Hargeisa, Somaliland, Somalia –
Somaliland’s President, Muse Bihi Abdi, issued a decree yesterday confirming that the general elections will take place on December 28, 2023, while the presidential elections will follow on November 13, 2024. His decree approves the dates set up earlier by the Somaliland Electoral Commission.
The decision to hold party elections first has caused political instability and triggered an armed insurgency in Somaliland, contributing to the emergence of the Garhajis militias. In recent weeks, at least two armed groups related to the Garhajis sub-clan have taken up arms and clashed with the Somaliland army in Sanaag and Sahil regions.
Most recently, a twin group to the earlier announced Garhajis militia from Ga’an Libaah mountain was spotted on the outskirts of Erigavo, the capital and largest city of Sanaag. The group, allegedly belonging to the Eastern Garhajis, has threatened the Somaliland government with war. In a video seen by the Somali Digest, one of the armed militiamen claims they took up arms to save Somaliland from a “dictatorship of Muse Bihi Abdi,” Somaliland’s President who just confirmed the extension of his term.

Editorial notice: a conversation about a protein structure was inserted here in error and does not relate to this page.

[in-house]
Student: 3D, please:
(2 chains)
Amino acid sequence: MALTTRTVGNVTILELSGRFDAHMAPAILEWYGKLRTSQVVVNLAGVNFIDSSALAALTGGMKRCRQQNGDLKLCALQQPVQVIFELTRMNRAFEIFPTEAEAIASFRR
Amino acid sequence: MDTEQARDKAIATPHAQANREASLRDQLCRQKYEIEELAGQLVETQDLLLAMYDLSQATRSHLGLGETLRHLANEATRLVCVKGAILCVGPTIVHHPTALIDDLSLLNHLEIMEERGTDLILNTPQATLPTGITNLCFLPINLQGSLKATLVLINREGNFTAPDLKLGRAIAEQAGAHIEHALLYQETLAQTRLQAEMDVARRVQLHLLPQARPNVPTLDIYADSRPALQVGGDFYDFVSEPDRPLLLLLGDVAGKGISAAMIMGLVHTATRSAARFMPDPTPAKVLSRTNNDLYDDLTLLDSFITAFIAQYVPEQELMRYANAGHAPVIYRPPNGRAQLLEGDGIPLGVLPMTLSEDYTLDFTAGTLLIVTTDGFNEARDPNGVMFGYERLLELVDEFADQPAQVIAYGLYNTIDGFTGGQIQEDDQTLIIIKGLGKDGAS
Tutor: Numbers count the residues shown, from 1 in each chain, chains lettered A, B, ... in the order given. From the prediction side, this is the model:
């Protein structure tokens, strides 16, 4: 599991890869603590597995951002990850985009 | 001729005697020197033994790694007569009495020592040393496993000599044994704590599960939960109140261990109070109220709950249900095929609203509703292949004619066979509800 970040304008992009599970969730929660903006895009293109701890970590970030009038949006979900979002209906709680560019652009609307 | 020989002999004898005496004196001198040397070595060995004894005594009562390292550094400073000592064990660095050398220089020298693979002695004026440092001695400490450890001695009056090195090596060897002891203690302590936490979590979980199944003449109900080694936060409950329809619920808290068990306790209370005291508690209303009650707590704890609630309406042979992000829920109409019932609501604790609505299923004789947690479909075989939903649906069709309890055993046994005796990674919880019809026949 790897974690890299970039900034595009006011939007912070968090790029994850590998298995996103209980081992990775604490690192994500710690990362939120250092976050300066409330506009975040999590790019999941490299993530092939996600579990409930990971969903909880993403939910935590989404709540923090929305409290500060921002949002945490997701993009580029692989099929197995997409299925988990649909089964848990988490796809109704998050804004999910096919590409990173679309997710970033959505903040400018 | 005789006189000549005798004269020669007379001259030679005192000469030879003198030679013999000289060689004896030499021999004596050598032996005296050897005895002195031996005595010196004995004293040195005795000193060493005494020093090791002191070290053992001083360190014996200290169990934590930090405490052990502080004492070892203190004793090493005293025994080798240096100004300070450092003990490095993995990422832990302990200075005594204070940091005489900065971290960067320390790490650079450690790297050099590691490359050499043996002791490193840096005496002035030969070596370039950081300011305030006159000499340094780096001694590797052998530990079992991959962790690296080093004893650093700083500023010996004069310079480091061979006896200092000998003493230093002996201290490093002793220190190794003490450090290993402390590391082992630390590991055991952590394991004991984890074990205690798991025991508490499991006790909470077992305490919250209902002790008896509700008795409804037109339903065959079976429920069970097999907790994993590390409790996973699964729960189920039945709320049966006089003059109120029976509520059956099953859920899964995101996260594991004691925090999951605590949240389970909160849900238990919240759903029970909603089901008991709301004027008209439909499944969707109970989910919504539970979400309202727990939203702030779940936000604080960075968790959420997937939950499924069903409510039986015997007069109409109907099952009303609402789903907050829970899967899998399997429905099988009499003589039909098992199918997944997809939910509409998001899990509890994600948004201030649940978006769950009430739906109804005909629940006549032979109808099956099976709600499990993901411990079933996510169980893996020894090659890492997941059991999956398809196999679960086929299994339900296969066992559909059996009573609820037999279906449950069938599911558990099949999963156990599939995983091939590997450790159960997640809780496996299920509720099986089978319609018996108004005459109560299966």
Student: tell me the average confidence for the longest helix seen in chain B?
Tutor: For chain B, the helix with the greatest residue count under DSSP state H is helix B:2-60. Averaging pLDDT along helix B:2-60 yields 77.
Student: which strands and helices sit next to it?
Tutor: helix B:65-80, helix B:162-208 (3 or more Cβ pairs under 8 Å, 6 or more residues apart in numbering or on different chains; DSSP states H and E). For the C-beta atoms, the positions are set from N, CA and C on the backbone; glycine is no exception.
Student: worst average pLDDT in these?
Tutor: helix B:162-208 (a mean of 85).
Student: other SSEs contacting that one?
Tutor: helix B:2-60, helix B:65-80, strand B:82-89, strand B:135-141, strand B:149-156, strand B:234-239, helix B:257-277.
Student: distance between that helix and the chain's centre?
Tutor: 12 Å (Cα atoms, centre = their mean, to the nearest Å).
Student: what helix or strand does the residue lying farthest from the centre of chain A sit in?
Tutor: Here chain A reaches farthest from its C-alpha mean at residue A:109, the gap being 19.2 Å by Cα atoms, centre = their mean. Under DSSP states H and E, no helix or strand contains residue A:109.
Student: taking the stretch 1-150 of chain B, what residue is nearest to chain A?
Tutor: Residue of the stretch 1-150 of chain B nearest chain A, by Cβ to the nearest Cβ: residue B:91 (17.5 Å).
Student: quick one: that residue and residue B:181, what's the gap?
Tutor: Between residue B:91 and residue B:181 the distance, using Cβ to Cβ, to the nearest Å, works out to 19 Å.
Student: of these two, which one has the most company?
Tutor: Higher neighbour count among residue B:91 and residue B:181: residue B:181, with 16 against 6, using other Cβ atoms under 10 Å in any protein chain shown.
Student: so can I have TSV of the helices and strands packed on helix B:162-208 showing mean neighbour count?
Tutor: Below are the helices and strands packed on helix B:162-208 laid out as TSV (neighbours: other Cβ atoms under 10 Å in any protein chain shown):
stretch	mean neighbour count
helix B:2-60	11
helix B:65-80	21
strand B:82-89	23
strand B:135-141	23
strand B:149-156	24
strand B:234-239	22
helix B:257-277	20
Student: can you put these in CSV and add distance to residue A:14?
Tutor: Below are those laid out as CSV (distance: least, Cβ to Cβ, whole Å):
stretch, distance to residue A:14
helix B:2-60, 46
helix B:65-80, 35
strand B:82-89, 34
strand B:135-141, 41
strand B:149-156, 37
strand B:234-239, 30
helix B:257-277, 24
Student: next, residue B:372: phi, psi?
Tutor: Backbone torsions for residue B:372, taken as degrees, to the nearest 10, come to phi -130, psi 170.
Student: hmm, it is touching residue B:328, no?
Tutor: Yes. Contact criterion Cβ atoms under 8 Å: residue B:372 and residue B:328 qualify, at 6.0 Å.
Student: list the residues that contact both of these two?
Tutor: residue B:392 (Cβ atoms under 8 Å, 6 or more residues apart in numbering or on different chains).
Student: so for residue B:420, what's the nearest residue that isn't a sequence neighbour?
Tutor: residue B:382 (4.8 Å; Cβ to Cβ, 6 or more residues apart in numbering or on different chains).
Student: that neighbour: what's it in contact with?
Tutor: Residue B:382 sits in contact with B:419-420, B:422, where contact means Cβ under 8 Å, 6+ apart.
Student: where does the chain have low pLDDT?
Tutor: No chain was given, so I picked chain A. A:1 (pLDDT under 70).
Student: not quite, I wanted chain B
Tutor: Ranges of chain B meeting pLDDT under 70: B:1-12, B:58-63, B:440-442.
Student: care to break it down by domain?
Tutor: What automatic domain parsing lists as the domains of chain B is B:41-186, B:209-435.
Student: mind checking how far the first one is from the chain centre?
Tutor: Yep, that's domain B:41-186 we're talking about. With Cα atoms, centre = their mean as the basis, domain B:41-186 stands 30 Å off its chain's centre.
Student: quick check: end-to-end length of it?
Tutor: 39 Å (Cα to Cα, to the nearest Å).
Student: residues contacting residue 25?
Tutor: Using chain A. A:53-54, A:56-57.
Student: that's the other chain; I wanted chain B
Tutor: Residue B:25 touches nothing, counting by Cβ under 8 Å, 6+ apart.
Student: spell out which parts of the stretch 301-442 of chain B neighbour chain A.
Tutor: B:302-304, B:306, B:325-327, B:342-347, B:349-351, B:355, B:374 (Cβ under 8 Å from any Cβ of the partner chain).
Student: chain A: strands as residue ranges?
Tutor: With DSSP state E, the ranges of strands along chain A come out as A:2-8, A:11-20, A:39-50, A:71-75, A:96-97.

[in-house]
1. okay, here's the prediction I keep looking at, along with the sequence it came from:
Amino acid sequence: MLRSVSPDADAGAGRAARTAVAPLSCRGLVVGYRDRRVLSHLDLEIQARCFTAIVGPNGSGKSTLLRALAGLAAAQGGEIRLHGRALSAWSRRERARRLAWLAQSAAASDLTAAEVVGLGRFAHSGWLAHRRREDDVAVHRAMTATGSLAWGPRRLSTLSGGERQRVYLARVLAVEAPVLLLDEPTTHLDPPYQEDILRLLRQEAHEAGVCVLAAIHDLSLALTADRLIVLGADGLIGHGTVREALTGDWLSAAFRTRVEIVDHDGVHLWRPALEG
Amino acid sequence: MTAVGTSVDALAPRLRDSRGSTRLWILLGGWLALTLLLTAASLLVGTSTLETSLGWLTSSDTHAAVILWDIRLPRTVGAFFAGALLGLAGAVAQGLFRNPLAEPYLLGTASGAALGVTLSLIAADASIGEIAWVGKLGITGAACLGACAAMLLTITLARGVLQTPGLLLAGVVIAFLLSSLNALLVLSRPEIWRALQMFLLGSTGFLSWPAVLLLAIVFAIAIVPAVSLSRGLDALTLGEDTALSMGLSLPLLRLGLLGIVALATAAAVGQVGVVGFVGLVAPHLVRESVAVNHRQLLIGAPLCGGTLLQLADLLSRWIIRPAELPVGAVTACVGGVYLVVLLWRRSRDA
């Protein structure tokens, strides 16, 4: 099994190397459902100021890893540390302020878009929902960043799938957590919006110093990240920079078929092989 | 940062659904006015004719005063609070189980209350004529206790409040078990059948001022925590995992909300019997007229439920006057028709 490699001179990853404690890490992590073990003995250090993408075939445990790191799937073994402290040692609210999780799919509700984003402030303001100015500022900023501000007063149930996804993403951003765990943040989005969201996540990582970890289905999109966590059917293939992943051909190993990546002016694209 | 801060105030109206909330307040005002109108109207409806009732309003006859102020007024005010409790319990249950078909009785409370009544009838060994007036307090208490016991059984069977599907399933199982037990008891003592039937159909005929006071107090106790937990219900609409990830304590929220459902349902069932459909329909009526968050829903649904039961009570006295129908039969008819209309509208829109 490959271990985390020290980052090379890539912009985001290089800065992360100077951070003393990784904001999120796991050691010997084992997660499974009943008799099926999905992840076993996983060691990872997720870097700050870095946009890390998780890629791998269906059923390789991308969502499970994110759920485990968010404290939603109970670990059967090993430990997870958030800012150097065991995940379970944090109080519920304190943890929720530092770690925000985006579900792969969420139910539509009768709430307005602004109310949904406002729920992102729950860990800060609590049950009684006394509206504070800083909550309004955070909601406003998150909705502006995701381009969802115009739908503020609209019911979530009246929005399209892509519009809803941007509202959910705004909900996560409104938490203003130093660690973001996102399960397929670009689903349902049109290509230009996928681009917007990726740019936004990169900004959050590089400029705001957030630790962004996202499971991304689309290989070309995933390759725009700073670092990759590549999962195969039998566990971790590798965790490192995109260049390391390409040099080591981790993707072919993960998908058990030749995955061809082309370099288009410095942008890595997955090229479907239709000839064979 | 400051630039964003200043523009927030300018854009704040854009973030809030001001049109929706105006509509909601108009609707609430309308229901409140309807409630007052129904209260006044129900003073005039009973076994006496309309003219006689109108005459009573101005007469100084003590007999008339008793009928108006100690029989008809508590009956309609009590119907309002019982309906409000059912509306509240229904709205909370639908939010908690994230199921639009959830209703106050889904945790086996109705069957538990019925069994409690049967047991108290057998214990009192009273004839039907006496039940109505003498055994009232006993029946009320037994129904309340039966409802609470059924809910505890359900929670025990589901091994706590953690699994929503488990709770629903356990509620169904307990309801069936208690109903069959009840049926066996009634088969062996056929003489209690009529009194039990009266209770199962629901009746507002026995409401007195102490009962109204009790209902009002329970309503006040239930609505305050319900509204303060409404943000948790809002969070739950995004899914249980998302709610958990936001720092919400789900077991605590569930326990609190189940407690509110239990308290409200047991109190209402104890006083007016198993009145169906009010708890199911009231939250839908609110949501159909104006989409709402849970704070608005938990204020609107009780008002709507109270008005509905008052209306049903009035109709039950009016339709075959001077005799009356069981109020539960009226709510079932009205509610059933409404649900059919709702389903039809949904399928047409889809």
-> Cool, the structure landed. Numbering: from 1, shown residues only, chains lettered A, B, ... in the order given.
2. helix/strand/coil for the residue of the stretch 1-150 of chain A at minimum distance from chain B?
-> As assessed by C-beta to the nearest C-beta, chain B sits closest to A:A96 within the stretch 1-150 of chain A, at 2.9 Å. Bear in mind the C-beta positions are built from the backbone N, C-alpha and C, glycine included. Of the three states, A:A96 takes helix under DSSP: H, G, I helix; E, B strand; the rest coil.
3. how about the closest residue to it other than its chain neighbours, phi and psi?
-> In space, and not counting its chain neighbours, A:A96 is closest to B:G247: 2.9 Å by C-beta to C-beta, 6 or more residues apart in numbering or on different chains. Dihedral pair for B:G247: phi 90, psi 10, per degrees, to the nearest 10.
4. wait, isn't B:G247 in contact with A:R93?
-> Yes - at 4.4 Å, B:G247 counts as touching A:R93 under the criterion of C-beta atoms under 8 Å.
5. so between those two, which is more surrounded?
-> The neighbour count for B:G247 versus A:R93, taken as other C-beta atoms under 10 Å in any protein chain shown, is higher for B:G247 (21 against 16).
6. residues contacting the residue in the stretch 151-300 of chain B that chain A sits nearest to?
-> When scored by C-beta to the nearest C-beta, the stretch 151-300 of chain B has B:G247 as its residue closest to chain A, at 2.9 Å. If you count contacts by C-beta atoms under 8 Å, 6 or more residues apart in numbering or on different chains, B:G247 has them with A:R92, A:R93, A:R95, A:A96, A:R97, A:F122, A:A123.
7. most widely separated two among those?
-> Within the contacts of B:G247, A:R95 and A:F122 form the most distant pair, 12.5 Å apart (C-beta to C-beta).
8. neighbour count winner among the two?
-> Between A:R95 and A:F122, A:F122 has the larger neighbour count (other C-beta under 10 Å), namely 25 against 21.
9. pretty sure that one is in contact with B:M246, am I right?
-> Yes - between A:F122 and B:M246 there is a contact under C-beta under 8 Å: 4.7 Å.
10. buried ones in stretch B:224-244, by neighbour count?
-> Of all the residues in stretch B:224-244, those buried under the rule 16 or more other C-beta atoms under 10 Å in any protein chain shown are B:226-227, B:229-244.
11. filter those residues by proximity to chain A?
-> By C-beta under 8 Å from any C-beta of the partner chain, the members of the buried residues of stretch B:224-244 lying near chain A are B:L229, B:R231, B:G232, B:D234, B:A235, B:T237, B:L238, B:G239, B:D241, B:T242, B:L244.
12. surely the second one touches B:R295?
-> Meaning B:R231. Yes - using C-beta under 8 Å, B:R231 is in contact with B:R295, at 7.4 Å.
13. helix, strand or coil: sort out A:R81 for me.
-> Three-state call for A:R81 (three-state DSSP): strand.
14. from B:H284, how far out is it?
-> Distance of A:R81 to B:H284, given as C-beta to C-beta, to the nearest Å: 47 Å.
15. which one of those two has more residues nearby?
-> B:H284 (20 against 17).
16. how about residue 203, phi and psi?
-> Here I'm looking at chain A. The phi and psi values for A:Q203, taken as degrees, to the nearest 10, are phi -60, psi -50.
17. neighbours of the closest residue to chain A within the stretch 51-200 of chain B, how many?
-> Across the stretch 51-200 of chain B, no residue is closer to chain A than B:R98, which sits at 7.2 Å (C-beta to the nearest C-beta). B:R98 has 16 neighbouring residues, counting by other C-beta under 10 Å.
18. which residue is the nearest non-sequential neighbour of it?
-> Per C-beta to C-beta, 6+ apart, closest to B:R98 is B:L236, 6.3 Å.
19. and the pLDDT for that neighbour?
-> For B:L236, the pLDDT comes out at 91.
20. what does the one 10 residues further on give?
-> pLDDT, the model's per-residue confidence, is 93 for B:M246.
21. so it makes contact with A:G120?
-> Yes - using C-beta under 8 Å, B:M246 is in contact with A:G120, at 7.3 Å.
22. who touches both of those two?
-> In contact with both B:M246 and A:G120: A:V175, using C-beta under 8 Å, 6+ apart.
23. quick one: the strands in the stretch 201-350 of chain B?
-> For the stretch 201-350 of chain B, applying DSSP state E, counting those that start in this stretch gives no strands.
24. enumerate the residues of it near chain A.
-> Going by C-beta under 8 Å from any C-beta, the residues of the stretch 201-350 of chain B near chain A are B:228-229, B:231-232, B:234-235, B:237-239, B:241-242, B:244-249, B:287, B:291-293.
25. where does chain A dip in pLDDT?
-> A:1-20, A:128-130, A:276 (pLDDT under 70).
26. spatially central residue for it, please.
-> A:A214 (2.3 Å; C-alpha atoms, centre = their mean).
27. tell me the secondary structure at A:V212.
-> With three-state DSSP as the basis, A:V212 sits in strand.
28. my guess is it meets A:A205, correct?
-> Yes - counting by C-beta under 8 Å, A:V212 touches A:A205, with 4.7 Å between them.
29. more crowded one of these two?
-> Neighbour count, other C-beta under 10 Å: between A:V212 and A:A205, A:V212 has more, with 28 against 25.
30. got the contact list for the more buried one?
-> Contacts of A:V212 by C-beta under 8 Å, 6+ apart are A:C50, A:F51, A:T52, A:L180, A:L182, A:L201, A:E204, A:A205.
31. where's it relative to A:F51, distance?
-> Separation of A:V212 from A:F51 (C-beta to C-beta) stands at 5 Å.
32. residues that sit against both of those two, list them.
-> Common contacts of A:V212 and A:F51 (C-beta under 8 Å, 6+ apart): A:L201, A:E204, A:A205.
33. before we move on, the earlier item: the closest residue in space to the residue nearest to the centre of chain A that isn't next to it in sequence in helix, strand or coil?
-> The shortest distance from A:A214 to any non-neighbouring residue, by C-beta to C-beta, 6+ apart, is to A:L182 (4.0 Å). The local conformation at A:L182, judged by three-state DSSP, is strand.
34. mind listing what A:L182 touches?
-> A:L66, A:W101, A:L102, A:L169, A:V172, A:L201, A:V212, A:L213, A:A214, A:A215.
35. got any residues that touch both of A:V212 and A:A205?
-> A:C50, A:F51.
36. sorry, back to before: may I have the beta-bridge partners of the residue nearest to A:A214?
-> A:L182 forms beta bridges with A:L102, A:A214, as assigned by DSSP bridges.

One term: 7 years
The Somaliland Electoral Commission (SEC) has announced the election schedule in mid-July, following a controversial decision by Somaliland’s House of Elders. The legislative body approved Muse Bihi’s presidential term by two years, effectively extending his total tenure to 7 years. The move has drawn condemnation from opposition leaders, who accuse Mr Bihi of undermining the democratic process and refusing to adhere to the scheduled election timeline.
Indeed, with a 7-year term, the self-declared state of Somaliland finds itself aligned with other dictatorships known for extending their rulers’ reign, such as Burundi or Equatorial Guinea. These countries had to adopt constitutional reforms to prolong the stay of their leaders.
The Somaliland Electoral Commission comprises seven members. The President of Somaliland nominates three, House of Elders two, and opposition parties two. House of Representatives then confirms the nominations. The distribution of nominations clearly suggests who has the most power in a body that should be fully independent.